As with the original version of "Rosang Taba"(complete with footnotes), I think I'll finish the lengthy story in first draft then cut and polish. The good thing is that I don't consider these parameters as restrictions or limitations. I look at them as as discourse challenges, to be able to tell a story with certain givens.

It is important in writing instances like this to write with an audience firmly in mind - a mindset I sometimes, but not always, adhere to when I write fiction. Yes, writing teachers and books galore will tell you that you need to write for an audience, but in my experience, especially with Salamanca and majority of the stories from my collection, I work better just writing and not splitting hairs on who this is for. I do agree, however, that there exists in the writerly imagination a certain "ideal reader"(that changes from story to story) that we end up writing for; and that we do write for an audience, even if that audience is an audience of one: the author. But in cases where the story is commissioned, where the story is written for a market (magazine, anthology or periodical submission where the market caters to a specific reading audience), or even, arguably, for a contest (though how can you write for a board of judges whose composition you are unaware of?), you must write for an audience.

If all goes well, then this book (I'm not solid on the title as of this time) will be published by Bookmark later this year.

As for the second novel, well, I'm around 5000 words into it. In theory, if I do not sleep and do nothing else for the next three weeks (haha), I should be done. The going is slow and I need to clone myself somehow. The thing has yet to have a title (though if I had my way I'd force/wedge "Sinverguenzza" somehow - but it really doesn't fit), but that is the least of my concerns. I hope to make the end of the month deadline but won't go on a rampage if I am unable to.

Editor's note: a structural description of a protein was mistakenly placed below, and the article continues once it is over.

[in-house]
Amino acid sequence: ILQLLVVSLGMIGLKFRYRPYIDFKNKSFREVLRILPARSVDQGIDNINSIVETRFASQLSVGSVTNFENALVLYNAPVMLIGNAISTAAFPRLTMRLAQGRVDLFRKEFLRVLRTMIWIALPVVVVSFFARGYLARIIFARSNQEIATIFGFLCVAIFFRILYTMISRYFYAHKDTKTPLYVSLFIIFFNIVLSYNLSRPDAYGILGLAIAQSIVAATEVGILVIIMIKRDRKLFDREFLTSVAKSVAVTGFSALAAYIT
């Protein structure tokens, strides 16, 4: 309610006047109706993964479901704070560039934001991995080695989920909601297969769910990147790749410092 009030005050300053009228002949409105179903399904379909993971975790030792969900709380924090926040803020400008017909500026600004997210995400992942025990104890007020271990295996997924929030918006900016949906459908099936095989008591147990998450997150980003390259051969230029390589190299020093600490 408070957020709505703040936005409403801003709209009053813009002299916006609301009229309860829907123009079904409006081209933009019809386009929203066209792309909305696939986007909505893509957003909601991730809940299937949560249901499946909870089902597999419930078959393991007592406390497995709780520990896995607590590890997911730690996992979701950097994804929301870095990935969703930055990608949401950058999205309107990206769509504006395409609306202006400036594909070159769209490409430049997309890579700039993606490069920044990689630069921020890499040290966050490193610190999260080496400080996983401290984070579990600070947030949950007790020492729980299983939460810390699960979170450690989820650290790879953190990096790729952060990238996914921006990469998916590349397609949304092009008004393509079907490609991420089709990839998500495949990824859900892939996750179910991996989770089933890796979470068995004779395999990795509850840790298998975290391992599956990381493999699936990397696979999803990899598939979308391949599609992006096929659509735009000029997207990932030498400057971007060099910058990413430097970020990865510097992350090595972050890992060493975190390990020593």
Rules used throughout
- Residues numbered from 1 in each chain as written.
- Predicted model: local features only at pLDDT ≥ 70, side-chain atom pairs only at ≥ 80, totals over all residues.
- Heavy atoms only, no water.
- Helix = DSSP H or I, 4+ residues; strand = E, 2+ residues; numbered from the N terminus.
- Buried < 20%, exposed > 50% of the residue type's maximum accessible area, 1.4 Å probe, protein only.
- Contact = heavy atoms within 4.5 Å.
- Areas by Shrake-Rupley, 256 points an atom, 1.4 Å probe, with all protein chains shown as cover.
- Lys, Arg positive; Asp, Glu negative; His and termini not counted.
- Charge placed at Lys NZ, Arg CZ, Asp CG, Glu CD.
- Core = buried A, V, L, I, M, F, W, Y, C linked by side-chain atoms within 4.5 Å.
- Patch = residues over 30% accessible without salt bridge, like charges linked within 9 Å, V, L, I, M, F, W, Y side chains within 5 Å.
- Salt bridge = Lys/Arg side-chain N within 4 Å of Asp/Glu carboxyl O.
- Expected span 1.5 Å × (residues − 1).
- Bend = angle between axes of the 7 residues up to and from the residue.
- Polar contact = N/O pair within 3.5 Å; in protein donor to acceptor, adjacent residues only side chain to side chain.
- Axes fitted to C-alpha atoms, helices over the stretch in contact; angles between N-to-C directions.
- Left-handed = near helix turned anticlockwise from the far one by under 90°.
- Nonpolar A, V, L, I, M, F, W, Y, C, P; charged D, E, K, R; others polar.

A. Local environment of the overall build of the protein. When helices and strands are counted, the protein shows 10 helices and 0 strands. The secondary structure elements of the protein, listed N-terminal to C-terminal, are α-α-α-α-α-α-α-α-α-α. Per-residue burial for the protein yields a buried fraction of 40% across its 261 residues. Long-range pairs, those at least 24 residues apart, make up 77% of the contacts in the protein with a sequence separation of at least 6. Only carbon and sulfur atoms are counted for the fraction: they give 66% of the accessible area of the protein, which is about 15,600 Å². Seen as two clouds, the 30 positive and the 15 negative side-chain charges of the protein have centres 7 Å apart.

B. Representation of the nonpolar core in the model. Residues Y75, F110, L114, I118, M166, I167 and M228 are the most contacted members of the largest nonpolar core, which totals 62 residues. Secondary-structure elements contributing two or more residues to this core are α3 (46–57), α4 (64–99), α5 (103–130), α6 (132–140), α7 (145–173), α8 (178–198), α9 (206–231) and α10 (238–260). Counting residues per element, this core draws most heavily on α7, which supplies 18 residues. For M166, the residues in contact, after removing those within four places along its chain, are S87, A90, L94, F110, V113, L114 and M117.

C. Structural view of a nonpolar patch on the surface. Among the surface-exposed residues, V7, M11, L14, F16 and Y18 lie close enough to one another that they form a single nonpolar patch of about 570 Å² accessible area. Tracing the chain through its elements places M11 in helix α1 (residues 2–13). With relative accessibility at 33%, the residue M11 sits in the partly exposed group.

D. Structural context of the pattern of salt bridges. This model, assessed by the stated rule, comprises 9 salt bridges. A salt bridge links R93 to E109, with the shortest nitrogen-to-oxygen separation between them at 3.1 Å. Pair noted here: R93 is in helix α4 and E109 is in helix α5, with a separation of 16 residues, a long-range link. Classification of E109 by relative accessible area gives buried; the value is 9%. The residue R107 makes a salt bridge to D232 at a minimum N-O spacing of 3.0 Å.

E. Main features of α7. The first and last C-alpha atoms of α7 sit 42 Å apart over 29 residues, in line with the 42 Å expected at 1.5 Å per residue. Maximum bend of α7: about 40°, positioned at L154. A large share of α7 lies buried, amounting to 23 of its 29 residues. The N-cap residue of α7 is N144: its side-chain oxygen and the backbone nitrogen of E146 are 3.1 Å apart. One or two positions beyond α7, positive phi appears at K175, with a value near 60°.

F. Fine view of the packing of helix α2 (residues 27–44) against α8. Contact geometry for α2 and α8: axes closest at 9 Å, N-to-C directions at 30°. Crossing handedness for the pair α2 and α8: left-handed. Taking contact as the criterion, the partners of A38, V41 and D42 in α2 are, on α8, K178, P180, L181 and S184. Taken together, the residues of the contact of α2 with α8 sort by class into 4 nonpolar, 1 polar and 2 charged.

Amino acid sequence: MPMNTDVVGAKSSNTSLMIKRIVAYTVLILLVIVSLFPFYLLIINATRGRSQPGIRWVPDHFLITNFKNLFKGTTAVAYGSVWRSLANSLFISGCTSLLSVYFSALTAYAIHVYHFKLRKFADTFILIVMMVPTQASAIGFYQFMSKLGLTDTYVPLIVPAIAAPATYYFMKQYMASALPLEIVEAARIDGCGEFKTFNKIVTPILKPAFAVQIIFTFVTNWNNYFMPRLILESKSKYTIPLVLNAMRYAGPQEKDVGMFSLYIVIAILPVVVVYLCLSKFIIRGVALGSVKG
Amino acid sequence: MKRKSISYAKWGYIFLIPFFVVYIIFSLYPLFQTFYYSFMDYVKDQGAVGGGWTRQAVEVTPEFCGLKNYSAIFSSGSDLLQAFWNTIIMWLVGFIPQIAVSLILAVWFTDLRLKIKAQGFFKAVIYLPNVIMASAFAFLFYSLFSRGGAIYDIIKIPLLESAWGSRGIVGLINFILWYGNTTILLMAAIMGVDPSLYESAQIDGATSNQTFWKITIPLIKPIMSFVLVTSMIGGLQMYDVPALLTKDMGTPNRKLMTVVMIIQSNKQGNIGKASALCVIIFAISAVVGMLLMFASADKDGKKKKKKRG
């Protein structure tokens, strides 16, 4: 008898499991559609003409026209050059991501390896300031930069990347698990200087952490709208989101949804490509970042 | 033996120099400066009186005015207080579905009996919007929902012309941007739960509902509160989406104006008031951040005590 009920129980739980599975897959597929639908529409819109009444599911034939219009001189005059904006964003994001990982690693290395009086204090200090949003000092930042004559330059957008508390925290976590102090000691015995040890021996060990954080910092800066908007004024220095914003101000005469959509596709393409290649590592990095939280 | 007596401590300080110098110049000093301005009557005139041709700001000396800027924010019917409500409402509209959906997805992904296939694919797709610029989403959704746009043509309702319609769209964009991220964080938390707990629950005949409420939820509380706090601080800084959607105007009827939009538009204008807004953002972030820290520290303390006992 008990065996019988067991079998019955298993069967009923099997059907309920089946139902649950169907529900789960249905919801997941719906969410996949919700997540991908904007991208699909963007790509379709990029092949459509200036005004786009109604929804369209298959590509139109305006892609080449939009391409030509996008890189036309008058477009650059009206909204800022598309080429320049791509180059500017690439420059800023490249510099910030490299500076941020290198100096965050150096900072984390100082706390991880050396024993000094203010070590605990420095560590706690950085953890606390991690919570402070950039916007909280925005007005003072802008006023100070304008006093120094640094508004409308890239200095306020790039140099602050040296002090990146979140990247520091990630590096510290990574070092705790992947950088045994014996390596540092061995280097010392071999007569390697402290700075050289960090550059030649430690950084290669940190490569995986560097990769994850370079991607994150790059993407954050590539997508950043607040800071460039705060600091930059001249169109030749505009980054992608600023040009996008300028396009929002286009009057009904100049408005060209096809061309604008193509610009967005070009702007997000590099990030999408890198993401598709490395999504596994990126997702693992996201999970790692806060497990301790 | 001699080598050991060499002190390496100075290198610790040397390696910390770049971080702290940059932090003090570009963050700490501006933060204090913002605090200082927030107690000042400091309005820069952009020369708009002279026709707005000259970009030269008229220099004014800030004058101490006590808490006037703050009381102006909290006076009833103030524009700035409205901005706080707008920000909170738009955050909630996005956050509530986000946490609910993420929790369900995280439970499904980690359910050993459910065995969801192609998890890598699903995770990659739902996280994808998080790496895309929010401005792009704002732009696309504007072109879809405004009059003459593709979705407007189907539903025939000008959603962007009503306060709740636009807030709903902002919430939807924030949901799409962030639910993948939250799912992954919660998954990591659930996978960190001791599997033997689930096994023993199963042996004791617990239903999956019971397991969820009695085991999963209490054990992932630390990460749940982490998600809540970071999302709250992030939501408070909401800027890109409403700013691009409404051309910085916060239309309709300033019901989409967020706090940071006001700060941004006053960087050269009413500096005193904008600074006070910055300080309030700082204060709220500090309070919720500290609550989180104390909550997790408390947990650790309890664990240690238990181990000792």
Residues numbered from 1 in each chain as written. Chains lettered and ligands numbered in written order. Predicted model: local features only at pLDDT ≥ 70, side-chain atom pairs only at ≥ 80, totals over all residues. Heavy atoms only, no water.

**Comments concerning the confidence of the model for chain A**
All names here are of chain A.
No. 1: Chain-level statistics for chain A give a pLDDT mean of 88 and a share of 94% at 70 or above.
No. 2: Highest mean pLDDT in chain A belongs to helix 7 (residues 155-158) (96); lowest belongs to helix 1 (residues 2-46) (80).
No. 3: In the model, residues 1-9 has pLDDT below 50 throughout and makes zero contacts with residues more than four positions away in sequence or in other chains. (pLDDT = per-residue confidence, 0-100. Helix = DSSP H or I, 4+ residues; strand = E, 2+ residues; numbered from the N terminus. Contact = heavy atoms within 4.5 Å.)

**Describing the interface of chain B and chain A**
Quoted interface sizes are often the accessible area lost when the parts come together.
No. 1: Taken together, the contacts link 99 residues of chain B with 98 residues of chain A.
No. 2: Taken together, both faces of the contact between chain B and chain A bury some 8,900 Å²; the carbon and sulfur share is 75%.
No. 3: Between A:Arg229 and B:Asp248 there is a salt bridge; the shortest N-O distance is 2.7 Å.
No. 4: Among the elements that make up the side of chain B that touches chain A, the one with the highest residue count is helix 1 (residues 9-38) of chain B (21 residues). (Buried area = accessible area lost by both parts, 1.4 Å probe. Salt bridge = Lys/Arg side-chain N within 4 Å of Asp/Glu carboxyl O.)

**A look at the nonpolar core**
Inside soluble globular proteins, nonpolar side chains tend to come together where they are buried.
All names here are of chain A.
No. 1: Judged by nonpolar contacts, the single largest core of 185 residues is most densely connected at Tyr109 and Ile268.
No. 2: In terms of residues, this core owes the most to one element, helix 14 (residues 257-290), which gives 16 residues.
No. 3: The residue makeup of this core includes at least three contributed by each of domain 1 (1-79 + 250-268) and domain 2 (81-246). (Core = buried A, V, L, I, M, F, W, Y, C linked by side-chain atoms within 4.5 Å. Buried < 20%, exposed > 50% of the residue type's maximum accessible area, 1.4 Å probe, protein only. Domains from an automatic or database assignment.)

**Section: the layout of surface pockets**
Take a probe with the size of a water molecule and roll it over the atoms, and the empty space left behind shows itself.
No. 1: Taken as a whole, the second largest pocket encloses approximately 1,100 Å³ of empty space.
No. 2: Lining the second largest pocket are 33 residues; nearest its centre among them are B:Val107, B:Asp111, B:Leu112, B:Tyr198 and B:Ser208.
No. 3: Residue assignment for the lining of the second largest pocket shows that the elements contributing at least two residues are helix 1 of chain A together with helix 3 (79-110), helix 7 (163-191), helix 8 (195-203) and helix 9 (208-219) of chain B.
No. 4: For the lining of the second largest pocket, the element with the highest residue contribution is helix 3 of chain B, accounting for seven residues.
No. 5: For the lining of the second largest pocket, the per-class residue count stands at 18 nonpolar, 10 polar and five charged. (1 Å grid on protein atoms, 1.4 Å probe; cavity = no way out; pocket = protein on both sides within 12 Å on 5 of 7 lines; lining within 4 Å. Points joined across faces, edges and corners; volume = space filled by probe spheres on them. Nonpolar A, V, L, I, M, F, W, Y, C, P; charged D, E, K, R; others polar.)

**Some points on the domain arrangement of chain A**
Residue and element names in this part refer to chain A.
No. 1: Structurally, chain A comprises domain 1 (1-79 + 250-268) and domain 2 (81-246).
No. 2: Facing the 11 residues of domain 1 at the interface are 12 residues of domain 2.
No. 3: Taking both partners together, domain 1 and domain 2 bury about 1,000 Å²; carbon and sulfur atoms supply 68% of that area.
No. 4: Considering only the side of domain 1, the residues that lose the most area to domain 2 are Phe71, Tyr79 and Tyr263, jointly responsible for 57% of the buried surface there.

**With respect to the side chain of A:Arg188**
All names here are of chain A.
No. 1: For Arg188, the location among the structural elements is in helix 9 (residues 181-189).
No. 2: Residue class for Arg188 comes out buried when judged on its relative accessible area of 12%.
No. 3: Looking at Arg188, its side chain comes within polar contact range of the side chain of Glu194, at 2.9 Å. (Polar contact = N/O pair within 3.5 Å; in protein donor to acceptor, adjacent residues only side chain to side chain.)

As is the case with my writerly output, we'll see.

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Monday, March 03, 2008

kite review

The Literature of Unrequited Longing
by Ian Rosales Casocot
(from the Visayan Daily Star)

Things fall apart, and things are never as they are, in the speculative fiction of Dean Francis Alfar. To be more specific, the fragile bonds between one and another are often ripped apart to maintain what must be unconsummated distance: love from lover, dream from dreamer, traveler from destination. Mr. Alfar, it can be argued, is the sage of unrequited wants. He relishes, too, in the romance of heartbreak.

In his Palanca-winning novel Salamanca , for instance, the forces of nature, enchantment, and the vagaries of human desires conspire to keep his protagonists Jacinta Cordova and Gaudencio Rivera from settling into a happy union—and ironically, only a confounded bargain of wounding trickery somehow manages to rekindle lost magic. It is a novel whose ending can be said to be so wrong (“How could she agree to this arrangement?”), and yet also so right. In other words, we don't exactly get what we expect from this tale of passion, and yet nothing else but this throbbing unreciprocation of our expectations seems true in the end.